Domestic Violence Statistics

The NYS Domestic Incident Report (DIR) is a form that police must complete every time they respond to a domestic incident, whether or not an arrest is made. Here are the number of domestic violence incident reports filed with police departments in Westchester County:

Yet, many victims never report the crime.

Domestic Violence 

    • On average, nearly 20 people per minute are physically abused by an intimate partner in the United States (National Center for Injury & Prevention Control, 2010).
    • 1 in 4 women and 1 in 9 men experience severe intimate partner physical violence, intimate partner contact sexual violence, and/or intimate partner stalking (U.S. Department of Justice, Bureau of Justice Statistics, 2014).
    • On a typical day, there are more than 20,000 phone calls placed to domestic violence hotlines nationwide ( The National Coalition Against Domestic Violence).
    • Intimate partner violence accounts for 15% of all violent crime (U.S. Department of Justice, Bureau of Justice Statistics, 2014).


Disproportionate Impact on Women

While anyone can be a victim of domestic violence, there is a disproportionate impact on women and girls.

    • Women are 84% of spouse abuse victims and 86% of victims abused by other intimate partners (U.S. Department of Justice, Bureau of Justice Statistics, 2008).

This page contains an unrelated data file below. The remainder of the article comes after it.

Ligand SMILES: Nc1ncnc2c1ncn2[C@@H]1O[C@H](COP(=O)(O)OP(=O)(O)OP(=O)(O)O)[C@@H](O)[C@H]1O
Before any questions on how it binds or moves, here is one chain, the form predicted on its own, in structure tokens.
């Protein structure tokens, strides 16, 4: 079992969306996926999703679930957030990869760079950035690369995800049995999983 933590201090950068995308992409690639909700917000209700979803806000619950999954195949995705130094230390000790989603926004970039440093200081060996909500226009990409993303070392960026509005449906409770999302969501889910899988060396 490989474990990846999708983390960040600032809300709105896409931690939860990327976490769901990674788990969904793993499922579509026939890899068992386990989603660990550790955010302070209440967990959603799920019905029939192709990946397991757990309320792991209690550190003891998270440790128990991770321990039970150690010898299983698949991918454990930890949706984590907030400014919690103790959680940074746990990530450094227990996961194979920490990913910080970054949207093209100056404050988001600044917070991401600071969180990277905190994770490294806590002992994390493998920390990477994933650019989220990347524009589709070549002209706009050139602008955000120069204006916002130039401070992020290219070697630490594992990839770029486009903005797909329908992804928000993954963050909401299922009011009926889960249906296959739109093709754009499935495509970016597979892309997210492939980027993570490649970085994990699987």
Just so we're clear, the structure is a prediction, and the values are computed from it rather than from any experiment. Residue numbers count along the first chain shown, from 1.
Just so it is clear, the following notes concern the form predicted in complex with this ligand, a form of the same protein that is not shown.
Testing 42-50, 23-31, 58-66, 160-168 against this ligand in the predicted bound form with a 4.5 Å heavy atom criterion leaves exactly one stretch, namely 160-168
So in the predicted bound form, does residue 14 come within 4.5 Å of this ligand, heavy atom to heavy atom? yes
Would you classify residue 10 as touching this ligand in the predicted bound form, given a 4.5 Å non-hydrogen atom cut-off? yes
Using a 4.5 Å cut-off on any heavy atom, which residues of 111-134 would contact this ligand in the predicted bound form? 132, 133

• Women experience two million injuries from intimate partner violence each year (Centers for Disease Control and Prevention, 2008).
    • On average more than 3 women a day are murdered by their husbands or boyfriends in the United States (U.S. Department of Justice, Bureau of Justice Statistics, 2007).
    • American Indian and Alaska Native women experience the highest rates of intimate partner violence (U.S. Department of Justice, Bureau of Justice Statistics, 2007).
    • Women of all ages are at risk for domestic and sexual violence. Those age 20 to 24 are at the greatest risk of experiencing nonfatal intimate partner violence. (U.S. Department of Justice, Bureau of Justice Statistics, 2007)
    • Every month, an average of 52 women are shot and killed by an intimate partner ( Federal Bureau of Investigation, Uniform Crime Reporting Program: Supplementary Homicide Reports (SHR), 2013-2017).


Domestic Violence and Men 

  • Nearly 1 in 10 men in the United States has experienced rape, physical violence, and/or stalking by an intimate partner (Center for Disease Control and Prevention, 2010).
  • 48.8% of men have experienced at least one psychologically aggressive behavior (being kept track of by demanding to know his whereabouts, insulted or humiliated, or felt threatened by partner’s actions) by an intimate partner in their lifetime. (Center for Disease Control and Prevention, 2010)
  • 1 in 20 (5%) of male murder victims are killed by intimate partners (Bridges, F.S., Tatum, K. M., & Kunselman, J.C., 2008).


Domestic Violence and LGBTQ+

Teen Dating Violence

  • 1 in 3 high school students nationwide will experience abuse from a dating partner before graduating.